Meanwhile Uncanny X-Men was revamped by writer Joe Casey and artist Ian Churchill and later writer Chuck Austen, along with a revolving door of artists. The book, which focused on traditional action and adventure, featured Iceman, Nightcrawler, Archangel, Havok, Polaris, Alpha Flight's Northstar, Generation X's Chamber and Husk, and (surprisingly) the Juggernaut, who had been a criminal and enemy of the X-Men since the mid-1960s (Austen had Juggernaut redeem himself, in one of the few storylines of his run that was well-received). Chuck Austen brought back Havok, who had been floating in limbo (literally) ever since Mutant X had been cancelled. Both Casey and Austen, however, received considerable backlash. Many critics felt Uncanny X-Men was treading a derivative and well-worn path (especially in comparison to the more adventurous New X-Men), while fans often objected to the changes that were made, including retcons of Nightcrawler's becoming a Catholic Priest, a change in the character of Polaris (turning her into a mentally disturbed terrorist), and a controversial Archangel/Husk romance (Husk being an 18 year-old roughly 10 years Archangel's junior).

Current age

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Astonishing X-Men #1, Joss Whedon's first issue. Art by John Cassaday.

In 2004, Morrison left New X-Men and Marvel prepared for what was already being called the "post-Morrison period". Marvel cancelled X-Treme X-Men and placed Claremont back on Uncanny X-Men. The company also launched Astonishing X-Men with writer Joss Whedon (well-known as the creator of the television series Buffy the Vampire Slayer) and artist John Cassaday (Planetary).

Astonishing X-Men became a hit among comic book fans due to Whedon's plotting and dialogue, and John Cassaday's clean and realistically-styled art. Some attribute the title's success to its relatively straightforward presentation: many X-Men books (especially from the 1990s) are known for complicated continuity and flashy art overshadowing the characters in the story. The series included the return of decisively dead X-Man Colossus, which fans generally accepted since the character was quite popular. Psylocke was also resurrected in Uncanny X-Men (Chris Claremont had intended on bringing her back ever since her death over in X-Treme X-Men, but was not allowed to due to a 'Dead is Dead' rule at the time).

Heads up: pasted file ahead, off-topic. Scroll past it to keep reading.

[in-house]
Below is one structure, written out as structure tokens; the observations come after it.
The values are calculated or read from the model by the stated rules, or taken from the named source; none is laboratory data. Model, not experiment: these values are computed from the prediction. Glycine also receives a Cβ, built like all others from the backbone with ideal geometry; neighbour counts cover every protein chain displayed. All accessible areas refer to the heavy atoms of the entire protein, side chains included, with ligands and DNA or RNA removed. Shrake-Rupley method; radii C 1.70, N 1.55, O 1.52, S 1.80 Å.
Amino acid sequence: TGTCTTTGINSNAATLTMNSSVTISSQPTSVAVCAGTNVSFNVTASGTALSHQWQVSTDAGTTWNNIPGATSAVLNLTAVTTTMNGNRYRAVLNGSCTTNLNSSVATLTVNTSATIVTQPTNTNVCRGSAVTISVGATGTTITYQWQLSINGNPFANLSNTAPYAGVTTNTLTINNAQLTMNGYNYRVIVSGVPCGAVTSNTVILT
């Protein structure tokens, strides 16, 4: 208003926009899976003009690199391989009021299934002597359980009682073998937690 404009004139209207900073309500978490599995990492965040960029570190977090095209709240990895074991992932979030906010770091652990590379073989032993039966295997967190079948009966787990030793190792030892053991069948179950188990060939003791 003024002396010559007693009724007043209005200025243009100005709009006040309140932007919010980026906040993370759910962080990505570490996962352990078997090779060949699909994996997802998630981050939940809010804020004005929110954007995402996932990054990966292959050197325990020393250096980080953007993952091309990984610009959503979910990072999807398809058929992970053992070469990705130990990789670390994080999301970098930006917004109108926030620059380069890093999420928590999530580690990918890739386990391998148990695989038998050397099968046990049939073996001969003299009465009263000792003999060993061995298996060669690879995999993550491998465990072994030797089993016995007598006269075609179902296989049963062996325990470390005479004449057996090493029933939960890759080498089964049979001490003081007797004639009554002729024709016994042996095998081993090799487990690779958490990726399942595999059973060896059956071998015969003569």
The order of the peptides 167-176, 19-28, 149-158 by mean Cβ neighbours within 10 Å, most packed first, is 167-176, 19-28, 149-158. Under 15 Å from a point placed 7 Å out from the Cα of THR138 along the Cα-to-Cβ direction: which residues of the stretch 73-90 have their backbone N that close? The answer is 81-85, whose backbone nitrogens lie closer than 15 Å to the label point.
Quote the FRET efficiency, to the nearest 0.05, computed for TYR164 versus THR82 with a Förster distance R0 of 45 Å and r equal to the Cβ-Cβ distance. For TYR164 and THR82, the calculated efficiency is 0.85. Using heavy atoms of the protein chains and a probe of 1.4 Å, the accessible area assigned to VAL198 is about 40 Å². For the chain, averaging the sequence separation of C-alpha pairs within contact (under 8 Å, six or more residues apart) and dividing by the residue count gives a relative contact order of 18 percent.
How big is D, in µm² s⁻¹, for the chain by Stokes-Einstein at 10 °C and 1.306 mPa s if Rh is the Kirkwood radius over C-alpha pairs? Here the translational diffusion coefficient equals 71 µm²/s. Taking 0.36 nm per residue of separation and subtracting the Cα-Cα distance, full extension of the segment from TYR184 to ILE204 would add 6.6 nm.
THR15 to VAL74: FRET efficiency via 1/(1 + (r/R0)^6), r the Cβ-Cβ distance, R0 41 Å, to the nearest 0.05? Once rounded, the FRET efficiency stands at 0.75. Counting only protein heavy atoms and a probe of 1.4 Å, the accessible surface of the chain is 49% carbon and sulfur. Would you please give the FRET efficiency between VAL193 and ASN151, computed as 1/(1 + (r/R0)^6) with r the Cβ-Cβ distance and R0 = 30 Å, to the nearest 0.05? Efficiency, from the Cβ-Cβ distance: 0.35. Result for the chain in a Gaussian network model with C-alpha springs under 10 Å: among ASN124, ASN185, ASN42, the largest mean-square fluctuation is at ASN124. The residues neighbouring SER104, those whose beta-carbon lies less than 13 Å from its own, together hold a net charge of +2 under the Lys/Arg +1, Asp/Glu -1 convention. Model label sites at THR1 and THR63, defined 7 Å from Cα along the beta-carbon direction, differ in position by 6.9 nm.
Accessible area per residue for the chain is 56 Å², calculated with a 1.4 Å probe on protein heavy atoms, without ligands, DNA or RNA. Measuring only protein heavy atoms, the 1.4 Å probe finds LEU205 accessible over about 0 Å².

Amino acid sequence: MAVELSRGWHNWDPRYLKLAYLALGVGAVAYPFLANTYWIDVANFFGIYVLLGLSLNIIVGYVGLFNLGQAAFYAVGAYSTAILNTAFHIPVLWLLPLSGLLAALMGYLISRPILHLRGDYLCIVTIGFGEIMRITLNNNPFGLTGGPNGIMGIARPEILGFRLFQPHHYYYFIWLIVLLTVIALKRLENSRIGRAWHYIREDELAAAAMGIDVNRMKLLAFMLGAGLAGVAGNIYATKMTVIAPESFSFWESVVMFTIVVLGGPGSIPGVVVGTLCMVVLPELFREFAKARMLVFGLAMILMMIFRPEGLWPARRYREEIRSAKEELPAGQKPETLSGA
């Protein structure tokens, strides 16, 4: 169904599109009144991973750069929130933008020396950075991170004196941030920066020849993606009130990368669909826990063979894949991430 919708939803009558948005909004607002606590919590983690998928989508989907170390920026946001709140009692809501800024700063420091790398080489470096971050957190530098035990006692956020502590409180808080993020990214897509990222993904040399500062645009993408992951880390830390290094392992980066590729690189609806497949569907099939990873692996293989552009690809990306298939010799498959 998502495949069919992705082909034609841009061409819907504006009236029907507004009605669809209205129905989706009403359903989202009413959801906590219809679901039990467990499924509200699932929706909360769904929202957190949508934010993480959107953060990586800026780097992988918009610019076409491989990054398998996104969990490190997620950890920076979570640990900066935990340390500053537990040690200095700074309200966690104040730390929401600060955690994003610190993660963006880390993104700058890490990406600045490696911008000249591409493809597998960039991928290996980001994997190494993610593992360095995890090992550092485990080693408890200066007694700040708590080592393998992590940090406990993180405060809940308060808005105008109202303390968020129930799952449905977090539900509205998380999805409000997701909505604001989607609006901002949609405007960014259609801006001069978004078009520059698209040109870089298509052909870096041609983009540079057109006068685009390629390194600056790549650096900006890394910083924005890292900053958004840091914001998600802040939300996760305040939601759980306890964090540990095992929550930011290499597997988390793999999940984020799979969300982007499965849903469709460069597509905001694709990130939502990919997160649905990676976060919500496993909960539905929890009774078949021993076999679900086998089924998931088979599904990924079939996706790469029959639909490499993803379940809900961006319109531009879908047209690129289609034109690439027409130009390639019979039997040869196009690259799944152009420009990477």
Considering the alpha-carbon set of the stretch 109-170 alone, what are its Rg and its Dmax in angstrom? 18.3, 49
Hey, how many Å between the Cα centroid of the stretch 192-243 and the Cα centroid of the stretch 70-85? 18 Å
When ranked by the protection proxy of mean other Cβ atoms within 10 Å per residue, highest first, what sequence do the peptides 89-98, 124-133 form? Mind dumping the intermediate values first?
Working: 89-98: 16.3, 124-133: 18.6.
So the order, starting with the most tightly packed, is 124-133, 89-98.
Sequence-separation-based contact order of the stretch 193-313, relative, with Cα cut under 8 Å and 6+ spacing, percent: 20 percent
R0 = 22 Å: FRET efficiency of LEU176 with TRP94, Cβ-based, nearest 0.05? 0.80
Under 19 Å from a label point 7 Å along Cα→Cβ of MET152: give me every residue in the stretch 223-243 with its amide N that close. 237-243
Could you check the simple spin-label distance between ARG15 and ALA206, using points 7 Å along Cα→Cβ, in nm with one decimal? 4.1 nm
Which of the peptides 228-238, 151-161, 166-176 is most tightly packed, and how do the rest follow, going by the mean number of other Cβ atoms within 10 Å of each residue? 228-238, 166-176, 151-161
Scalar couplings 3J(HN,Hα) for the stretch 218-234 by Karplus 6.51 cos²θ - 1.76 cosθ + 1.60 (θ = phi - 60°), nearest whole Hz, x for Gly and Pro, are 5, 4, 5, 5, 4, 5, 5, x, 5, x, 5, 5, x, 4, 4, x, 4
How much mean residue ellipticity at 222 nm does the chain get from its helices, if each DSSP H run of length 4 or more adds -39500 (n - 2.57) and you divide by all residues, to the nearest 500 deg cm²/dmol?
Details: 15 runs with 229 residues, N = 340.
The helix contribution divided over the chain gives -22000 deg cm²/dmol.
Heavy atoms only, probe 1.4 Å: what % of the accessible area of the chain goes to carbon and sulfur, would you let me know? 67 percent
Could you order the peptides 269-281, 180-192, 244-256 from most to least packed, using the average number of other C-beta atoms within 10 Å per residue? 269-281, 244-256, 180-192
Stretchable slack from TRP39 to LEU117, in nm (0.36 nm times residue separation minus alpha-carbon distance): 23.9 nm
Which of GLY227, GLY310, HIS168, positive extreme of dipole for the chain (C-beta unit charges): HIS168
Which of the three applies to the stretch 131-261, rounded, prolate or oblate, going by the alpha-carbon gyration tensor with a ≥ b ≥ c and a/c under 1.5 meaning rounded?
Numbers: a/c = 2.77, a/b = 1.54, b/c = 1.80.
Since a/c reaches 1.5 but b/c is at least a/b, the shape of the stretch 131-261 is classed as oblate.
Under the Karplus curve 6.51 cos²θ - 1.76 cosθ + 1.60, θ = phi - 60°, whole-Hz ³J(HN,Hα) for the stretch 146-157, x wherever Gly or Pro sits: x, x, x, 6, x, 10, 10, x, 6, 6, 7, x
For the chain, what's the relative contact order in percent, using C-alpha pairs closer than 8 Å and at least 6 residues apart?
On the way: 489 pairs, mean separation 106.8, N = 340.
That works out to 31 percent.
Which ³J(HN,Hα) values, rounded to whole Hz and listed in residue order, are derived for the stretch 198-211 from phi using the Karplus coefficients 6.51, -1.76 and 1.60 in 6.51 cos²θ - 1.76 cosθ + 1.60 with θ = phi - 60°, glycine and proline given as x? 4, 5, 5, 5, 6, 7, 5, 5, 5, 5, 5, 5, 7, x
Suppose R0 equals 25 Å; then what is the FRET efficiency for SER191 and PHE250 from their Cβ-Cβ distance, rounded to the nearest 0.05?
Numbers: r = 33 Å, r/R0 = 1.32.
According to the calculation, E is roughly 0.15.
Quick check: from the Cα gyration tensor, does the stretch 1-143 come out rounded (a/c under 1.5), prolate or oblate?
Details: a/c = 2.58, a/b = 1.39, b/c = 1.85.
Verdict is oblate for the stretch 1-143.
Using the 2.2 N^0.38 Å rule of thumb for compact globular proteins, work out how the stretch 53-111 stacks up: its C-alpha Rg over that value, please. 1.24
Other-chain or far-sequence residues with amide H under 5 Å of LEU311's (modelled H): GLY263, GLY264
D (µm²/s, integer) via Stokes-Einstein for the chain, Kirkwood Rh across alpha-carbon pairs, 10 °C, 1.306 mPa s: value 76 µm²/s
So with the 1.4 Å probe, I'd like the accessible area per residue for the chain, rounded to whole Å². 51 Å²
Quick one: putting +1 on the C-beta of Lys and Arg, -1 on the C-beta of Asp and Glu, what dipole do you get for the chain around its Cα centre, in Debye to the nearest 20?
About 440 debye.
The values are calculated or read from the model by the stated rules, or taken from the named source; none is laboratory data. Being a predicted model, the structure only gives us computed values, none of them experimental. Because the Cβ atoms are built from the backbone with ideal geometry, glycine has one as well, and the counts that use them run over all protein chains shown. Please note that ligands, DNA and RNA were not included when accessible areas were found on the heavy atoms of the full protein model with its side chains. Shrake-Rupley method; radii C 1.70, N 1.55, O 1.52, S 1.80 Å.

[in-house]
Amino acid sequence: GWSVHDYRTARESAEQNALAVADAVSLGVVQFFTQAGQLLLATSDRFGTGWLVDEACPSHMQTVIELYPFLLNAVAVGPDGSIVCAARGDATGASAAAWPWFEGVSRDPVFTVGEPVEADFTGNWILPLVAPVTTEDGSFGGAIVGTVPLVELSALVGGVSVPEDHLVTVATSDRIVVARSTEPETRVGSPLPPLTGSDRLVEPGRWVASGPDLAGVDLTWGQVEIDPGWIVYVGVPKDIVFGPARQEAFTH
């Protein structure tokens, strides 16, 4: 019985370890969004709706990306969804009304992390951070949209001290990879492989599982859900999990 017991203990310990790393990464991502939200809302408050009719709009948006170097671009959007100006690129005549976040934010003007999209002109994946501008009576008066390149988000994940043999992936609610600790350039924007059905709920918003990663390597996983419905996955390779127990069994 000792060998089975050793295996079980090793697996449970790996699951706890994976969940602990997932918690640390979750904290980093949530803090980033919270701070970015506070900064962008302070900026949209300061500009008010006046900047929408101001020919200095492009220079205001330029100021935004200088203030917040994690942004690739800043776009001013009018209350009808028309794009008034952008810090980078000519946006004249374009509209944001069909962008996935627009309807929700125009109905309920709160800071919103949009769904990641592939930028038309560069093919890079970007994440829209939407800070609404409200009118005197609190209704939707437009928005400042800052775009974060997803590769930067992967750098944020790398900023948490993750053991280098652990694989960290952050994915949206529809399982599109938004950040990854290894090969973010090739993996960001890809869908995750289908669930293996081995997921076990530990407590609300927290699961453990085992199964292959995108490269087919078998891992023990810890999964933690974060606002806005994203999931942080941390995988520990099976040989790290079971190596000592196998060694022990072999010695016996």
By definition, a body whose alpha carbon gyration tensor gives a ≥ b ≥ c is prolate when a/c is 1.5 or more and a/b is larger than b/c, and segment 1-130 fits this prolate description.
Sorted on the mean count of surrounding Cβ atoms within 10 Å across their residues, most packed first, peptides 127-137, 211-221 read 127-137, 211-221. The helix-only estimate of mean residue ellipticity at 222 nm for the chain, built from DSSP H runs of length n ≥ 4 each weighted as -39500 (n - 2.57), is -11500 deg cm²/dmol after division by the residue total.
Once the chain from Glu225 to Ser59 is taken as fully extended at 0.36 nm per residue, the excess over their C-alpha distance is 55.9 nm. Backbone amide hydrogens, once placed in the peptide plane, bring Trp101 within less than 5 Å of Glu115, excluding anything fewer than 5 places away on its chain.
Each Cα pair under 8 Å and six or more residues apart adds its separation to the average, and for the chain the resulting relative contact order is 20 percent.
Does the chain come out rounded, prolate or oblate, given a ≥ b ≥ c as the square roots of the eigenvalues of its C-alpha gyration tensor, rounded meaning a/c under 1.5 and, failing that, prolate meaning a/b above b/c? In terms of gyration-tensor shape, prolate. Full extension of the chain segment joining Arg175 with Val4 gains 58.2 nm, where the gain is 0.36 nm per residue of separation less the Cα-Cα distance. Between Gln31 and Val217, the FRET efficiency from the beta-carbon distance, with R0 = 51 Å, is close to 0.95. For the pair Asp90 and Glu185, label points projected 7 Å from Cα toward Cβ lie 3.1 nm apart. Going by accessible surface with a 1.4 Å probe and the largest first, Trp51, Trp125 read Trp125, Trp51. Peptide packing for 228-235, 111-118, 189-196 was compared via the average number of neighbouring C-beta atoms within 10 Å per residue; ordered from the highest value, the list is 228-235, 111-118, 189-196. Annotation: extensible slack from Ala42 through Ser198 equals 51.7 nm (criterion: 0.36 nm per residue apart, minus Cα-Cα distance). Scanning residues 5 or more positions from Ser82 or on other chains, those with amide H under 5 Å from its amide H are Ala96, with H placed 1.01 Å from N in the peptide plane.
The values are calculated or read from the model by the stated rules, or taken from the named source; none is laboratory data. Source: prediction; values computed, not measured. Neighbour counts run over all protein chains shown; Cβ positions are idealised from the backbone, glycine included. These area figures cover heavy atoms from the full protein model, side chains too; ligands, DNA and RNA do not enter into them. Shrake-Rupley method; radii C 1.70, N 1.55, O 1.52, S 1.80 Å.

Marvel has also launched several new secondary X-Books, including District X, in which Bishop polices a mutant neighborhood of New York City, New X-Men: Academy X, a continuation of the recently launched New Mutants vol. 2 starring Xavier's student body, and a new Excalibur, featuring Magneto and Professor X's attempt to rebuild Genosha. Rogue, Nightcrawler, Gambit, and Jubilee all received their own eponymous ongoing series at this time, although Jubilee was cancelled after only six issues, as it had sold less copies per issue than any other X-Men spinoff ever published at that point; Gambit and Rogue only made it to twelve issues each.

Marvel ended X-Statix when creators Peter Milligan and Mike Allred left. Milligan replaced Chuck Austen as writer of X-Men (which had since dropped the "New" from the title) in January 2005.

Meanwhile, the long-delayed series NYX introduced the character X-23, a teenage female clone of Wolverine who had originally appeared on the animated television series X-Men: Evolution. X-23 subsequently joined the Uncanny X-Men team. This is the second time Marvel has brought in a character to their comics who originally appeared in a TV series; the first was Firestar from Spider-Man and His Amazing Friends, who made her first comic book appearance in Uncanny X-Men and later joined the New Warriors and later the Avengers. DC Comics had done the same in the 1990s, introducing Harley Quinn into the DC Universe after gaining popularity on Batman: The Animated Series.


Real-life comparison

The entire X-Men franchise is buildt on a sociopolitical undercurrent. Mutants are often seen as a metaphor for racial, religious and other minorities that face oppression. Professor X has been compared to African American civil rights leader Martin Luther King Jr. and Magneto to the more militant Malcolm X.

Another civil rights metaphor the X-Men have is gay rights. Comparisons have been made between the mutants' situation, including the concealment of their powers and the age they realise these powers, and homosexuality, as was illustrated in a scene of the X-Men film X2 (a film by openly gay director Bryan Singer) that had Bobby Drake "come out" as a mutant to his parents. The comics themselves delved into the AIDS epidemic during the early 1990s with a plot about an incurable disease thought at first to only attack mutants, the Legacy Virus.

Appearances in other media

Animated television series